Pamela Lowe Saldana resides in the current it city of Nashville where she is the long term CAO of a thriving multimedia entertainment group, though her roots are in the oilfield plains of West Texas; there she draws inspiration and setting.
An avid music lover and professional DJ, Pam's R&B and classic rock record collection at last count numbered over a thousand albums. Her book collection--well worn and loved, mostly thrillers and biographies--is not quite as large.
Pam is blessed with a not so tall, but definitely dark and handsome husband and two beautiful adult daughters. She enjoys hiking, biking and tennis; and, yes, she loves football and barbecue--the Tennessee Titans and Memphis style respectively.
My beloved mother, Connie Lowe, died January 8, 2017 after a harrowing fifteen year battle with cancer. She was a graceful warrior. She wore the armor of God. I was there, with her, when she died. "There" is Odessa Texas.
Odessa is not my home, but it is my hometown. There I learned to swim, graduated from high school and dabbled in college. I met my husband there too.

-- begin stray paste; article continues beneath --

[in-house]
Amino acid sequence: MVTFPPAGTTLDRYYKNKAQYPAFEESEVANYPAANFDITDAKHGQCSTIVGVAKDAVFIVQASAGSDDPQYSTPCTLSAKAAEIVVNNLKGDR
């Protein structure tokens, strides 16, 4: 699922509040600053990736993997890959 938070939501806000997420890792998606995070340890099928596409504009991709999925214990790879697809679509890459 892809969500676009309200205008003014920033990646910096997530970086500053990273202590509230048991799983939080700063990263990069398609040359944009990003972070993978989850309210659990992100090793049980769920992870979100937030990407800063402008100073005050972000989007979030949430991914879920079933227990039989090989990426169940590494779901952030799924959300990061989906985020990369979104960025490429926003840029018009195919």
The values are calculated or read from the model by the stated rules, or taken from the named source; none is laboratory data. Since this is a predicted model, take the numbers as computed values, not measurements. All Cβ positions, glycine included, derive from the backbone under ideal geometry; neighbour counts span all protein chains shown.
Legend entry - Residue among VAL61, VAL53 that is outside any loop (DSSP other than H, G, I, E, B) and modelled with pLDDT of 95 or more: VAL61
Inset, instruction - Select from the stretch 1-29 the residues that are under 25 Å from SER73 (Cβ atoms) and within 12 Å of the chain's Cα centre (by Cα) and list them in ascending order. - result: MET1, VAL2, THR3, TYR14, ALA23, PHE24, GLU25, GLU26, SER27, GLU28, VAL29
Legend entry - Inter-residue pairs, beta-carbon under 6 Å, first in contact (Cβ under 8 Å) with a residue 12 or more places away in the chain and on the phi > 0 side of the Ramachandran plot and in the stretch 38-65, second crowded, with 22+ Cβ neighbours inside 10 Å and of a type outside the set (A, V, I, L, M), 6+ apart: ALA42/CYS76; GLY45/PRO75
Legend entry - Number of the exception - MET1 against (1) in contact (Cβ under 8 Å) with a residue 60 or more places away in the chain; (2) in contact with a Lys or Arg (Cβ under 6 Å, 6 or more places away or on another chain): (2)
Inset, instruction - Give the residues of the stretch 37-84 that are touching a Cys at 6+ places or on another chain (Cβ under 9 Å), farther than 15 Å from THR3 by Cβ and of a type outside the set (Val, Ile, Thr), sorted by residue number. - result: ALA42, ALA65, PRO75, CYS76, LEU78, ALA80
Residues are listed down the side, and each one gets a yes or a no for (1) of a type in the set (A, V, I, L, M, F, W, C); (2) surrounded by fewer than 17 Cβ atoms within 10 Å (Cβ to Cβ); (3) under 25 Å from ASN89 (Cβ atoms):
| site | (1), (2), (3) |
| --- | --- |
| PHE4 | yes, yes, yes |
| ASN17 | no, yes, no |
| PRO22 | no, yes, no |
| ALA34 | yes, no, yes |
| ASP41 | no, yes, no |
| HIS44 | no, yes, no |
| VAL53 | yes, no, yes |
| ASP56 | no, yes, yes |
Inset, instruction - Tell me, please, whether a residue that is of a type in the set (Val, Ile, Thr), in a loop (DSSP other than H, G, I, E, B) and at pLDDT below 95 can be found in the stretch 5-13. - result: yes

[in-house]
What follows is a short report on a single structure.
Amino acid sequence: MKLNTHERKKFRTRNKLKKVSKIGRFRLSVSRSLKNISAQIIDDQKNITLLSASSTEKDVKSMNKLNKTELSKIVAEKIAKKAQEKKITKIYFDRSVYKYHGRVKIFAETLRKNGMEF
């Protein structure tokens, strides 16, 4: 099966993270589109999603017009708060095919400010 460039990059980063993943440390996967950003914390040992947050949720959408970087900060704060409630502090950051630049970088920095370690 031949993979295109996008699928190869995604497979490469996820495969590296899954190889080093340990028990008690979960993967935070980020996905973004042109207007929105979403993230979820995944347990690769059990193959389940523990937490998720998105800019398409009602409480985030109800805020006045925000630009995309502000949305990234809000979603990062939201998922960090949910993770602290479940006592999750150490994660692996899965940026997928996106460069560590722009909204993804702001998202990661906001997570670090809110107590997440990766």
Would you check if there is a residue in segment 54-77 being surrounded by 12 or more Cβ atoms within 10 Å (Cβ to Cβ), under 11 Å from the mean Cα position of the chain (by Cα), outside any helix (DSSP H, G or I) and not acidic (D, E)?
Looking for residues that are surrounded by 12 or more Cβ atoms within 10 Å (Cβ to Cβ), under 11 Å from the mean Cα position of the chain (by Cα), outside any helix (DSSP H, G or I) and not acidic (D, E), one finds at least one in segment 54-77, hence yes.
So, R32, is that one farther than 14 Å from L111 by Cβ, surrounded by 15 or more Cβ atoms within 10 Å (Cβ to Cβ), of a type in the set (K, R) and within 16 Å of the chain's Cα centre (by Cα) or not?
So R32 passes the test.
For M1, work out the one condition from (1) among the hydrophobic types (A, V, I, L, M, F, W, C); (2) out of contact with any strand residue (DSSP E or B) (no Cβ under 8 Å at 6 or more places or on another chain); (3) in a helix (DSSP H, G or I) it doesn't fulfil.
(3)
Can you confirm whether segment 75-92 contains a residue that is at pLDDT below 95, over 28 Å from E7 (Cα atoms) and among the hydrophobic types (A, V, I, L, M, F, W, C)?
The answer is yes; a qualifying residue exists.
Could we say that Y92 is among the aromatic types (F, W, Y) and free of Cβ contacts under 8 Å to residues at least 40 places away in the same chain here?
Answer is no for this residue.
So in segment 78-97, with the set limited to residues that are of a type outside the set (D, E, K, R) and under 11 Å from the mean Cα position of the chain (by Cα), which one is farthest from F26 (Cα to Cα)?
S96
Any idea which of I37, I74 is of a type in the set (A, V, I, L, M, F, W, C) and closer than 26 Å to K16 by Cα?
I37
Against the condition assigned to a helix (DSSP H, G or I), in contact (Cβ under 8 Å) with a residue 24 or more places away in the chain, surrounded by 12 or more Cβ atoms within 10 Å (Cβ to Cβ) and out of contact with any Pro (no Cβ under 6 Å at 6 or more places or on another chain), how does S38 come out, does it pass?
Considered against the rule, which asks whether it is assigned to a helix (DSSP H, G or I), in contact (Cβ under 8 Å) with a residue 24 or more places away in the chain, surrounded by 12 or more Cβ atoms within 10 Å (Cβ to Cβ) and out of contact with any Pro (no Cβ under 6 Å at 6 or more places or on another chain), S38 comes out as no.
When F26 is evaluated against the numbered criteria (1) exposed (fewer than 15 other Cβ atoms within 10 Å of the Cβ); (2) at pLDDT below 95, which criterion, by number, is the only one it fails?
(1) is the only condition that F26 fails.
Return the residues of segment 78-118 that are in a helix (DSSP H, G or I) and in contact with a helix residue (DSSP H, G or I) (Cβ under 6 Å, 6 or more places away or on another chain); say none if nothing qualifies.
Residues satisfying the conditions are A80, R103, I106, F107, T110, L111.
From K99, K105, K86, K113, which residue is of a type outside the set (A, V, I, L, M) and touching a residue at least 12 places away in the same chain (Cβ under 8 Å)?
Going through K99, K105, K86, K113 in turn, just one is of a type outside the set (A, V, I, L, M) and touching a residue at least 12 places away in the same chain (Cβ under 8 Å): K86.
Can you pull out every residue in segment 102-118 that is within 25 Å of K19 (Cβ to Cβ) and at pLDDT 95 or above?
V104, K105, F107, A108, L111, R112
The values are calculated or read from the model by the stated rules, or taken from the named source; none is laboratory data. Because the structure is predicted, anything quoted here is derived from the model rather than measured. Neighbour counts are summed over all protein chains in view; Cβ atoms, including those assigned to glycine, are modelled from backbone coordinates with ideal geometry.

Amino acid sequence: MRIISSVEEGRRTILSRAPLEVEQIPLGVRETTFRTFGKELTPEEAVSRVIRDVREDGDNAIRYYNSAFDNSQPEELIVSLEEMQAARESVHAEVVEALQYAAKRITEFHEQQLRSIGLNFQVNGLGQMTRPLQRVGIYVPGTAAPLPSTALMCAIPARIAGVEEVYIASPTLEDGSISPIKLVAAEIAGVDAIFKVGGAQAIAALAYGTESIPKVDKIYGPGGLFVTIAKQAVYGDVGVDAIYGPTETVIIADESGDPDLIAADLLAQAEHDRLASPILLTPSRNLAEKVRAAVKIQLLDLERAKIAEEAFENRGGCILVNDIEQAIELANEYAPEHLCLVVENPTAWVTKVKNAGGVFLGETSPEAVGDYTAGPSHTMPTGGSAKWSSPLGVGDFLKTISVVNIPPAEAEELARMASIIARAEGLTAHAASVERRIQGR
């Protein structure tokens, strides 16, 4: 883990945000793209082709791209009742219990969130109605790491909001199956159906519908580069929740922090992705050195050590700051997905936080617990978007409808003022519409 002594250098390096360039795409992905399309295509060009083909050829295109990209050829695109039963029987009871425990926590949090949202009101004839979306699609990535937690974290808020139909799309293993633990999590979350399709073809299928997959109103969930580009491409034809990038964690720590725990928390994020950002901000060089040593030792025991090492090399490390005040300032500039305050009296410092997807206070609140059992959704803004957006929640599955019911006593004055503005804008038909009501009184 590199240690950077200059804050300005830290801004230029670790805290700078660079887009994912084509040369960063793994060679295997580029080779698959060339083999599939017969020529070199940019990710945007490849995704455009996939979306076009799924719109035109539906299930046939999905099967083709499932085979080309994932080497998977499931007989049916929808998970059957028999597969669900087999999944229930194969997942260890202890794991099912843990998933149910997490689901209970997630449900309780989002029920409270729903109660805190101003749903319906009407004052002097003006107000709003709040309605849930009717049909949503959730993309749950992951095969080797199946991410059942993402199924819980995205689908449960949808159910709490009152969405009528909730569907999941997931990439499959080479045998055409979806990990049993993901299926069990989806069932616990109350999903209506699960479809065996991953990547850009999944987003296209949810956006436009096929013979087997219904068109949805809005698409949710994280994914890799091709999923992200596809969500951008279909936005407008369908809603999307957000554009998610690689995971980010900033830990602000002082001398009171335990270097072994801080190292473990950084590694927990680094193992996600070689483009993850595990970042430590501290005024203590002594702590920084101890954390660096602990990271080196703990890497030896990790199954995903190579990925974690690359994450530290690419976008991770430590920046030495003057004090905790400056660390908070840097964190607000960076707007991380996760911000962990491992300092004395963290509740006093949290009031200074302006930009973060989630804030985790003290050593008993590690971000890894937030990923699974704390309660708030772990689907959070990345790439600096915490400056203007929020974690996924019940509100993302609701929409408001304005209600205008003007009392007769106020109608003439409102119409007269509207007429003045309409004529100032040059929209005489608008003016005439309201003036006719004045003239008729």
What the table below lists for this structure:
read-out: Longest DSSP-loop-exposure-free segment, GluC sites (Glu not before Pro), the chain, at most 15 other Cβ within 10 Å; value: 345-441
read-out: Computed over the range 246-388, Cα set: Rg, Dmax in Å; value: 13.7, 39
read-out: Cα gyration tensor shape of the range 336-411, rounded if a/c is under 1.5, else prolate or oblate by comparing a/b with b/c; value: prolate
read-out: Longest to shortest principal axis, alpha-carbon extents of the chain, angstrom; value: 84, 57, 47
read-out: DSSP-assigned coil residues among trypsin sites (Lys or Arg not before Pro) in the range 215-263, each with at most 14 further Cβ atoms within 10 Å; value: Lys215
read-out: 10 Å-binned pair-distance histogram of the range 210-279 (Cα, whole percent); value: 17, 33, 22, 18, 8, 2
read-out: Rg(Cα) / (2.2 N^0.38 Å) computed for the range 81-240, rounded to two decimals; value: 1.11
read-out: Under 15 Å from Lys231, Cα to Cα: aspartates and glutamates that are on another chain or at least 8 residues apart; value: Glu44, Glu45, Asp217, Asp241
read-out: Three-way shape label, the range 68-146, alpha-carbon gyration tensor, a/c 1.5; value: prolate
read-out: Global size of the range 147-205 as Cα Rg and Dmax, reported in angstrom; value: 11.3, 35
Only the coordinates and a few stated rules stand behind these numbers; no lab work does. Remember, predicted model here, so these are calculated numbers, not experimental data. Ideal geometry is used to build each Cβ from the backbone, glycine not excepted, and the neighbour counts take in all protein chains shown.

As the old story goes, I had big dreams--theoretically possible, I suppose, kind of like winning the lottery--and all of them began with getting the hell out of there. That I could do, and so we did--my husband and I.
Leaving my mother and her family was hard, to put it mildly, which I expected, but leaving Odessa? That barren expanse of mesquite and dirt? No. That would be easy.
But as I watched the pump jacks, the oilfield supply yards and corrugated steel sheds grow distant from the passenger seat of my 77 Cutlass, there was a nagging ache in my chest and, even more bothersome, an urgency of tears that caught me off guard. This was different. And though it was conjoined to leaving my mom, it too was an entity of loss.
So much has changed since that April morning when we left, pulling a makeshift trailer with a camper on top, the remnants of our belongings packed tightly, neatly; my husband is a fastidious man. Most things have changed for the better and I know now, as I knew then, that leaving was a good thing. The revelation is in what has remained the same. Those pump jacks, that hard graveled land; the tumbleweeds and clapboard houses; yes, those breathtaking sunrises are in the strands of my DNA, interwoven with my mother's teachings. Her faith. The example that she set of truth, courage and beauty. Her love.
And so when my mother left me, I was there, comforted by them, by all of those things, and I remembered what she told me when I would complain about Odessa, about who I am and where I came from. She said, "They're good people." About that, and so many other things, my mom was right.